Ag technology helps farms and lakes co-exist
The ability to reclaim millions of gallons of manure as distilled water is a remarkable benefit of a new technology that strikes a balance between a farmer’s need to expand and the public’s need for clean water.
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Partners in progress
Aqua Innovations and its factory are based in Sharon, Wis., about 12 miles east of Beloit, but the majority of the partners are in Madison. In addition to Thompson, Winters, and Lenzendorf, also spearheading the venture is Mike Herl, managing broker and partner with Madison Commercial Real Estate Development, who will serve as general contractor for the buildings necessary to house the installations.
Under the NuWay system, the manure goes into an on-site facility — to be built by Cleary Building Corp. of Madison — and that is where the solids are removed and dried. Sean Cleary, president of Cleary Building Systems, is an investor and a member of Aqua Innovations’ board of directors.
In 2016, the partners took over the business from the family of the late Richard “Doc” Heins, the former CEO of CUNA Mutual Group who originally developed the technology. In the early 1990s, Dr. Heins identified the trend of expanding farms and herd size, and he knew it would have negative environmental impacts. Heins also was a professor at the UW–Madison School of Business, where he taught risk management and insurance and business law for more than 30 years. He invested roughly $15 million in the nutrient management technology that became NuWay. Since taking ownership, the current investment group has committed another $4 million.
One of their challenges was developing an affordable way for farmers to utilize NuWay. Depending on the size of the farm, the NuWay system costs anywhere from $600,000 to $3 million to install, but Aqua Innovations has built a platform that handles everything from permitting, to the construction of the facility to house the system, to the remote monitoring of phosphorus removal. Instead of paying $400,000 here or $600,000 there in capital costs, farmers can lease the system for 10 years and pay a flat monthly rate of about $35,000 to $38,000 with a maintenance fee included. So instead of spending about $70,000 per month for waste management, they can now pay roughly half that cost and reduce storing costs, have no significant hauling expenses, no upfront capital expenditures, and Aqua staffers monitor the system and troubleshoot remotely.
“They can lease it for 10 years with no cap-ex up front, so if you think about it from a milk producer’s standpoint, they know they are going to have $14.70 per hundredweight [for their milk], and they are going to have about $1 million per month in revenue,” Lenzendorf notes. “It’s great money but then it’s chipped away, chipped away, and chipped away by various expenses. So now we’re going to ask them for another $3 million to install our technology? Pretty soon, they aren’t in very good shape.”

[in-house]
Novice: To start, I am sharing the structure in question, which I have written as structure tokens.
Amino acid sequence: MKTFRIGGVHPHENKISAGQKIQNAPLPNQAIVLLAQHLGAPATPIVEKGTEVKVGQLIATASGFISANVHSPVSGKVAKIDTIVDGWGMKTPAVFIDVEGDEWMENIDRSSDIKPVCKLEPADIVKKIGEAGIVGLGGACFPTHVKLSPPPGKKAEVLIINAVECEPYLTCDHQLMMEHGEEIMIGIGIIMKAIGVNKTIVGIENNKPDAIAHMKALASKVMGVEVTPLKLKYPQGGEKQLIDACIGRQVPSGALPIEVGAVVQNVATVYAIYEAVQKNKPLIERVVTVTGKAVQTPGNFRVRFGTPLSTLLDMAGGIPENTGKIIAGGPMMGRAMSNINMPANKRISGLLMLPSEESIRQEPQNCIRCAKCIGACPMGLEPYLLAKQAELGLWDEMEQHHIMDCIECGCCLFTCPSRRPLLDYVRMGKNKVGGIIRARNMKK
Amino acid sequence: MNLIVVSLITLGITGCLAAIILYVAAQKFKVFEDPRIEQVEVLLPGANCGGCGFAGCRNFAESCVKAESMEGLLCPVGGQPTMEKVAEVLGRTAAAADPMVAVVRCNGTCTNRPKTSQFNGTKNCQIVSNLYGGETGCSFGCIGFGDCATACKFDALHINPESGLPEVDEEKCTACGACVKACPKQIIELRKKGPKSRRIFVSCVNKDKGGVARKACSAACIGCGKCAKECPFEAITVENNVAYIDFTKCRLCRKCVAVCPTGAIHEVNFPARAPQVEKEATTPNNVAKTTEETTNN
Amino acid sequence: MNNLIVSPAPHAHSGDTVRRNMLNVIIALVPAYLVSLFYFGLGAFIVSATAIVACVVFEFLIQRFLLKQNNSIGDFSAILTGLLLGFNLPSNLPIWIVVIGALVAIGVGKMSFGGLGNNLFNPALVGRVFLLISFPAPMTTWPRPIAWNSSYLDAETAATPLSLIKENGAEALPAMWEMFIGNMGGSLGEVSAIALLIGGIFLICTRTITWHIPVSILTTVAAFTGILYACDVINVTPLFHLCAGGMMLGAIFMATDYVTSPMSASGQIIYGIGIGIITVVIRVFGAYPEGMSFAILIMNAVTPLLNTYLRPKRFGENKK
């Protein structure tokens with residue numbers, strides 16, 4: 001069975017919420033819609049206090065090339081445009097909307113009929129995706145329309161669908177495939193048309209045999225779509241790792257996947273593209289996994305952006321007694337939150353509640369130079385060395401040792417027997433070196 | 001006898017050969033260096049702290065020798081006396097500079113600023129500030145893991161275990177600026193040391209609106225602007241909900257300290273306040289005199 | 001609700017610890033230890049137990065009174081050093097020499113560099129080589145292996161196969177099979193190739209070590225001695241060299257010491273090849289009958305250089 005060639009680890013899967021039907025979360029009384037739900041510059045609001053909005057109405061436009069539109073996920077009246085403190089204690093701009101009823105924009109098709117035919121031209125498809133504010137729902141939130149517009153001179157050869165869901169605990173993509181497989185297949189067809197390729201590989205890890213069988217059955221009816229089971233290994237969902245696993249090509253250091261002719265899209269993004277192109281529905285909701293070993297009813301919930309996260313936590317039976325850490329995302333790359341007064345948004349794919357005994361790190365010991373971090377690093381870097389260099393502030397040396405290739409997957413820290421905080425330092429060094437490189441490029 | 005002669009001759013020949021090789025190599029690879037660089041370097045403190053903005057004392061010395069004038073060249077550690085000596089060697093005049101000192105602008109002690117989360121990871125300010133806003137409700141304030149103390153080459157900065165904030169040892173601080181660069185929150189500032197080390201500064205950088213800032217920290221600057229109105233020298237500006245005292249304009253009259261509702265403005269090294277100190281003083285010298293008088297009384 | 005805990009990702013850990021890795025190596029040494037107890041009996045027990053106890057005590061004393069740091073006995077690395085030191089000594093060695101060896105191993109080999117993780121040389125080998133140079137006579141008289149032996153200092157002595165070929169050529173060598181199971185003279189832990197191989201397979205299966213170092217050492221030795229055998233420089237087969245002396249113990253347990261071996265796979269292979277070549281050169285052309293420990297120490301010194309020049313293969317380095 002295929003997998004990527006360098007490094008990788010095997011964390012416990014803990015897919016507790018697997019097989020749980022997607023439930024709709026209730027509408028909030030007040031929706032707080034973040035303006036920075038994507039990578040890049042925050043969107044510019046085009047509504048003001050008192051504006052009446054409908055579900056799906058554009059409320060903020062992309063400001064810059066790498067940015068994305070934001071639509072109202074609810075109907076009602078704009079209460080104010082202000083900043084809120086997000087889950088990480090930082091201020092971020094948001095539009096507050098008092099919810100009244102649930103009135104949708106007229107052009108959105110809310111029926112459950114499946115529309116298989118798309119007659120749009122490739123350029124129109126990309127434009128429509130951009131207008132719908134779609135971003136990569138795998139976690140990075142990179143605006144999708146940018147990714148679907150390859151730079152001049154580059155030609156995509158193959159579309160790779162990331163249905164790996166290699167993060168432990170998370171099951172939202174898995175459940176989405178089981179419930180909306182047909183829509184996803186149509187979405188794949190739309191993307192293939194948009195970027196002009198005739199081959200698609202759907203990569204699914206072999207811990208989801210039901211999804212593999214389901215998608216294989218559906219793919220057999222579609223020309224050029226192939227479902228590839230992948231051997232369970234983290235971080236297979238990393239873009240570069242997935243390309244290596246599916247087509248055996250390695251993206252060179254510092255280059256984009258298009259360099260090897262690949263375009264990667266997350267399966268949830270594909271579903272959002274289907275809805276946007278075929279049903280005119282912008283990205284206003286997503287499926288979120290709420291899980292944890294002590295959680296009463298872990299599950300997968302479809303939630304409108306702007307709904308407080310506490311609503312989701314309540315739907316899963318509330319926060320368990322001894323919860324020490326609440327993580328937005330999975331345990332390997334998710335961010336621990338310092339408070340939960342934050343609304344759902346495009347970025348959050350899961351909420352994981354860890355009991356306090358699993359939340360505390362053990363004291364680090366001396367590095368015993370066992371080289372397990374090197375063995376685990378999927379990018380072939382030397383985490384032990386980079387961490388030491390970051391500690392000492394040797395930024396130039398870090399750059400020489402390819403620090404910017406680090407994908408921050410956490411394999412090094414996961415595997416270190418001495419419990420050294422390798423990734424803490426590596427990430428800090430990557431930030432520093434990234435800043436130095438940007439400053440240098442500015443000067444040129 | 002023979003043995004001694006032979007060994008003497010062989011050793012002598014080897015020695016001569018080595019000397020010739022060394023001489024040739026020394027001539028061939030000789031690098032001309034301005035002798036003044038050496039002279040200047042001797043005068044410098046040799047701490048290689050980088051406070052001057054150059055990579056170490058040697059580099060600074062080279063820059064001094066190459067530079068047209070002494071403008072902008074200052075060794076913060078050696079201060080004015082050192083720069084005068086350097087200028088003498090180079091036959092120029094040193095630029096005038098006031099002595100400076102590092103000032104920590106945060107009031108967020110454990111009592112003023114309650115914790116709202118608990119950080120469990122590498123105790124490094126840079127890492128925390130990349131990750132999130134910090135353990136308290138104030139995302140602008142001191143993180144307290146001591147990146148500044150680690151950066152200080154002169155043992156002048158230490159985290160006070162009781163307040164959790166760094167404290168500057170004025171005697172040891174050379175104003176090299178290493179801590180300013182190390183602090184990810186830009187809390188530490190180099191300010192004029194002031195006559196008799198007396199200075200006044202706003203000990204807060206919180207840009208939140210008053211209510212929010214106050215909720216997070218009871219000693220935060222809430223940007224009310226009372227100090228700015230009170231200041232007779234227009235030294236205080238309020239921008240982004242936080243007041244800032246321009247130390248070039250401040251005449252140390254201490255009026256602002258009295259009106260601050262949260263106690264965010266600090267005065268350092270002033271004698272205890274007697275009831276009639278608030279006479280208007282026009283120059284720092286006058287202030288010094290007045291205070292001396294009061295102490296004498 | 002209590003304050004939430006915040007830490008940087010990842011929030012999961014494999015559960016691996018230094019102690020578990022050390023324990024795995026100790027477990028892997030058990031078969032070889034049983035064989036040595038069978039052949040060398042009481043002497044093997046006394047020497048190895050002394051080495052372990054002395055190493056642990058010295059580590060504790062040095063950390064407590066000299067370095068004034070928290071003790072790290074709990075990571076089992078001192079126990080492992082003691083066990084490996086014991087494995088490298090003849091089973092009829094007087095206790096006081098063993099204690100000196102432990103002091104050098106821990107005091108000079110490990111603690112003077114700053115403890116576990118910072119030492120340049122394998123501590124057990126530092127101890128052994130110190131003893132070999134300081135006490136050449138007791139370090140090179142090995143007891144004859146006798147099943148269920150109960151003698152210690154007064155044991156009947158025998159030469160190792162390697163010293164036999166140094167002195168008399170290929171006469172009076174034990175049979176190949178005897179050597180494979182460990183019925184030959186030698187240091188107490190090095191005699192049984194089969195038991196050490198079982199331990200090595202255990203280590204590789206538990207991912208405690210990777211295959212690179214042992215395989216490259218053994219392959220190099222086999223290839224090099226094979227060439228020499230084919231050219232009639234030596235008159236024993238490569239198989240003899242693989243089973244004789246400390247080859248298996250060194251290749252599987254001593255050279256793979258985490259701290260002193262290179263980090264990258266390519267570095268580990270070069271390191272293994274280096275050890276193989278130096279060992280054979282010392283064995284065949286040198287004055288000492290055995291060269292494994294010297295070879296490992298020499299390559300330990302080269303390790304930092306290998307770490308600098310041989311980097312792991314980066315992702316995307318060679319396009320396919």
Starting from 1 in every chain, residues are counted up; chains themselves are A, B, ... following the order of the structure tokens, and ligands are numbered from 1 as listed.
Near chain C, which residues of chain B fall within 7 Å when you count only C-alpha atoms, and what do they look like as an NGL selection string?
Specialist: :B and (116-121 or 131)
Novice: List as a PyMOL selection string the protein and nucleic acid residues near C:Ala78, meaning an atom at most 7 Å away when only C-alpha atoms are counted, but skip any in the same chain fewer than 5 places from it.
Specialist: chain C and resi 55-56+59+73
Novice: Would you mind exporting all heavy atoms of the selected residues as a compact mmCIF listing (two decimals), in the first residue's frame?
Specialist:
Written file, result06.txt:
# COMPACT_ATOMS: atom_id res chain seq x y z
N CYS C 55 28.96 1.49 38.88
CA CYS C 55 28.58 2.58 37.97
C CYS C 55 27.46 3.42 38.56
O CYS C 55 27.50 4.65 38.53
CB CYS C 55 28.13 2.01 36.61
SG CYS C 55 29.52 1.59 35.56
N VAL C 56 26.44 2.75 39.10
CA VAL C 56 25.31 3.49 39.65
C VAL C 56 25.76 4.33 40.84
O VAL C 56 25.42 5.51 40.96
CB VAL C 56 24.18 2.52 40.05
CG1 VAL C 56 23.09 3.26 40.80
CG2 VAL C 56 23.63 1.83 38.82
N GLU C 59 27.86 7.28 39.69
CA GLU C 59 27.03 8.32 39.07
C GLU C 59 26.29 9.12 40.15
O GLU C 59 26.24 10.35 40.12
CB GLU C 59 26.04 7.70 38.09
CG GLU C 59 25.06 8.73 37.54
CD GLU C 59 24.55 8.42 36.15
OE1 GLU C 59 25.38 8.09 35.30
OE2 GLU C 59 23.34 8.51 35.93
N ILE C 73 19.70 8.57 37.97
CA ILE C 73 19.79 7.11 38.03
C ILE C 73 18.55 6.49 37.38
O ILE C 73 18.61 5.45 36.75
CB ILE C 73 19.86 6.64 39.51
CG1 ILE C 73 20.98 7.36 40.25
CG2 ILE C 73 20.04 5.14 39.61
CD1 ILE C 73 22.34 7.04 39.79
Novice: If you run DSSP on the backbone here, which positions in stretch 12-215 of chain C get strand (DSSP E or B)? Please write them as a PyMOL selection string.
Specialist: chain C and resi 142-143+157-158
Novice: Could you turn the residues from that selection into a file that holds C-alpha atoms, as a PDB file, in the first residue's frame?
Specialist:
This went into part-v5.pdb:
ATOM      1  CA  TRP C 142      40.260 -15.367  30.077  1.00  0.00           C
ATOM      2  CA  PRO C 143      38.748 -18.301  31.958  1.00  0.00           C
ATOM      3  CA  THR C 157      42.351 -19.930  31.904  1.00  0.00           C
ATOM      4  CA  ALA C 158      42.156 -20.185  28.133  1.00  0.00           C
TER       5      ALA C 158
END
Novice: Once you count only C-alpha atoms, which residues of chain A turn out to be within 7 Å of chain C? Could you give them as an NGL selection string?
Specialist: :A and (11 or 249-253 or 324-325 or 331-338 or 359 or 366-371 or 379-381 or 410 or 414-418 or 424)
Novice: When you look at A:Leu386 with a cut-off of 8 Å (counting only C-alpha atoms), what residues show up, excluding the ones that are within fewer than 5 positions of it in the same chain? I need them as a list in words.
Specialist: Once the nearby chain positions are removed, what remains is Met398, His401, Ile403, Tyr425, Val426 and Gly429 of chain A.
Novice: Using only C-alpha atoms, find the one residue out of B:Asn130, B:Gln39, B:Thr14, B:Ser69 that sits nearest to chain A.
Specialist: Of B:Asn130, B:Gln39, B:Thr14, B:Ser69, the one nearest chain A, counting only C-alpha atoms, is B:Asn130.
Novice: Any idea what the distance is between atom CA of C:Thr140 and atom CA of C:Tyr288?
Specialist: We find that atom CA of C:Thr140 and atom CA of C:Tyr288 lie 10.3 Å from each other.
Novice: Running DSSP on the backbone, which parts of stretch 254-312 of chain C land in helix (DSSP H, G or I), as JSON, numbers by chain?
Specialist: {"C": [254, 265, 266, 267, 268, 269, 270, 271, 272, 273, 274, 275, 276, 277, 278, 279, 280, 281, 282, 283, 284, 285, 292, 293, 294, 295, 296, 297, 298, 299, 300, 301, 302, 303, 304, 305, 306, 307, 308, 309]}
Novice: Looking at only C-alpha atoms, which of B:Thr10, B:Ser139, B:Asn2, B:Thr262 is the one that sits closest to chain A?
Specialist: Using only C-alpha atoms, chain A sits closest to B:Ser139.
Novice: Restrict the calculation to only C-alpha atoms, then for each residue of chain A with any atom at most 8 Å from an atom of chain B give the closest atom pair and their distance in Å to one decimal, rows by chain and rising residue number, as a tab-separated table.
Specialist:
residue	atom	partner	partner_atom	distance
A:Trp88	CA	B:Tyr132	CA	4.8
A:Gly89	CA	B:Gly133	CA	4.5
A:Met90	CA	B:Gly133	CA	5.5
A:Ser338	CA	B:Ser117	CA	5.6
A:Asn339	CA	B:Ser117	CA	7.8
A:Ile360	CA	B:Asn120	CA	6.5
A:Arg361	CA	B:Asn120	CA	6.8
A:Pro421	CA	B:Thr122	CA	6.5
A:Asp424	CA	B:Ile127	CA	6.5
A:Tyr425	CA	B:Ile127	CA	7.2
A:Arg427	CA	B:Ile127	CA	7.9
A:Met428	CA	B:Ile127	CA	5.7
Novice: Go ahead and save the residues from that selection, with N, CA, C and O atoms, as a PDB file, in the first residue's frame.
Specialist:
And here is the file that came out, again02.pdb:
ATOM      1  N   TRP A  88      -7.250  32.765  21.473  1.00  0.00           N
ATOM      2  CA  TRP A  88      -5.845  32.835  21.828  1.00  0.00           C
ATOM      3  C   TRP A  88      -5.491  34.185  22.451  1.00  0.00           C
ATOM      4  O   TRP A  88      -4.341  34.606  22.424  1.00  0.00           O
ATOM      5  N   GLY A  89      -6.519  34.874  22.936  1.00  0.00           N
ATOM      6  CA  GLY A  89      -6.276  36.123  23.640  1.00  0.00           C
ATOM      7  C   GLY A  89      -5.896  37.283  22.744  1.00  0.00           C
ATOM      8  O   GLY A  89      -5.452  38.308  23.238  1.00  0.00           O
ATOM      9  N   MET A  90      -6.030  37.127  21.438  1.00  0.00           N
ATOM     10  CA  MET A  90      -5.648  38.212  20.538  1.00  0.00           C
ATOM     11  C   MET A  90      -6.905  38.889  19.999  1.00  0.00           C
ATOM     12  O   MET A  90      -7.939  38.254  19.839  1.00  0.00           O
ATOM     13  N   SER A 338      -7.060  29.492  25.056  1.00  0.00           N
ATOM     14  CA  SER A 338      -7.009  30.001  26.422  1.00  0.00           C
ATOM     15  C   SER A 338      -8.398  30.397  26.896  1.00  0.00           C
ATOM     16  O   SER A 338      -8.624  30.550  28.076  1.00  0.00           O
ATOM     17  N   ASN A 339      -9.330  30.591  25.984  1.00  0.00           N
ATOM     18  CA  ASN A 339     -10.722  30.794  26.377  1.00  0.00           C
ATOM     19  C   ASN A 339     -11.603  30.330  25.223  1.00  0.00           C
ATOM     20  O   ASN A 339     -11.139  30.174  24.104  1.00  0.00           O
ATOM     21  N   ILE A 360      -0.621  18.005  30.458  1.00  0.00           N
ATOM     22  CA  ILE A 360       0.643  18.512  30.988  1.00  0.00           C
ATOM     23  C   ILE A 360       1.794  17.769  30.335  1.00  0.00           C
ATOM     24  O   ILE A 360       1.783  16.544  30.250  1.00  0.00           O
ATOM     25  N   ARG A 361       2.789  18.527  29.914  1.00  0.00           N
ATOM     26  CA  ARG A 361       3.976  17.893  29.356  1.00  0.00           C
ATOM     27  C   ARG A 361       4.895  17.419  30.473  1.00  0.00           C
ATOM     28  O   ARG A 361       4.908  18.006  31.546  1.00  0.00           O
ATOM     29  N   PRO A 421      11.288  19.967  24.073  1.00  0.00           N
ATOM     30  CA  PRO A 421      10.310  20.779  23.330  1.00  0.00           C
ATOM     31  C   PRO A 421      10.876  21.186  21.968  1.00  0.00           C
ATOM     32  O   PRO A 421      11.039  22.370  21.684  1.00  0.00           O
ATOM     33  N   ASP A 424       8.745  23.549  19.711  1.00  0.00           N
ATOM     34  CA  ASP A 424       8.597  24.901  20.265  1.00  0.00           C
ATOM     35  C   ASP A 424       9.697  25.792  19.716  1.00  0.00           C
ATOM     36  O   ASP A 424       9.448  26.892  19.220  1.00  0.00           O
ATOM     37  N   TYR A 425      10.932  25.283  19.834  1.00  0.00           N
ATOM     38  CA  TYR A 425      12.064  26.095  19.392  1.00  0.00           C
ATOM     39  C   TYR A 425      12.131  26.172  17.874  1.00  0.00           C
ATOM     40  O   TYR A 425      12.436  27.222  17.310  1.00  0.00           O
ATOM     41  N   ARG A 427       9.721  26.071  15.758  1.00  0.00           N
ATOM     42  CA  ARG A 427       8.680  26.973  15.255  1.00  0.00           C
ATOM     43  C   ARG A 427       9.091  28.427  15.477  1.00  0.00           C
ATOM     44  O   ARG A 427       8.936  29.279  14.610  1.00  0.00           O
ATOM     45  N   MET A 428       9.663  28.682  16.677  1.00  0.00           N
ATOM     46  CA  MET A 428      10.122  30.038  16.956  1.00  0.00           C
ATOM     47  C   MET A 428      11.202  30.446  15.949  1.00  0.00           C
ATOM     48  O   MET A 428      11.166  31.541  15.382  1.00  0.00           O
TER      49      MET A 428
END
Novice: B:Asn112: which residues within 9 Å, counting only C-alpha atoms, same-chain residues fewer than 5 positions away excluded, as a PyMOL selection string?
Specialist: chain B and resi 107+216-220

As a result of the service platform and leasing model, Lenzendorf believes the company has not only established an affordable solution for farmers, but also a sustainable business model for the company.
World Dairy exposure
Dane County hopes to install the system at the site of its second digester, located just outside of Middleton in the town of Springfield, in time for demonstration tours during World Dairy Expo, set for Oct. 2–6. The company notes that manure digesters remove about 60% of the phosphorus found in manure, but the NuWay system achieves near 100% removal.
Dane County Executive Joe Parisi believes the technology will save farmers money in hauling costs and save wear and tear on town roads, a source of contention in rural communities. “So on the phosphorus side, the economics of it, and the relationship with neighbors, this is all positive for farmers,” Parisi says.
Combined with county dredging projects that remove phosphorus muck that has accumulated on the beds of local waterways and results in substantial reductions in phosphorus levels, Parisi believes the widespread adoption of this technology will lead to dramatic qualitative improvement over time.
“No matter how much work we’re doing on the farm fields now, unless we remove that muck, we’re going to see very limited progress [in reducing phosphorus levels],” Parisi notes. “Once we get that stuff out of the system, combined with efforts such as nutrient concentration and the other work we’re doing with farmers across the county, we will see improvement in the phosphorus area.
“Now, it’s still going to take years,” Parisi adds. “One of our challenges is that we need to be realistic with our expectations. We will be reducing phosphorus, and we will see better water, but it’s not going to happen overnight. We’re still looking at a decades-long approach, but this will pay off for our kids.”
Also excited about the prospects for the technology is Sean Cleary, president of Cleary Building Corp. He is enthusiastic not only because his firm will construct the buildings that house the NuWay system, but also because he believes it addresses intractable problems.
“On every large dairy farm, there is potential that this will not only be ecological, but also economical because it will save money with manure waste and also be friendly to the environment, especially where you have neighbors that complain about the odor,” Cleary states. “Plus, again, there’s the water runoff. We have enough pollution issues with our lakes and streams, so this is a potential game-changer.”
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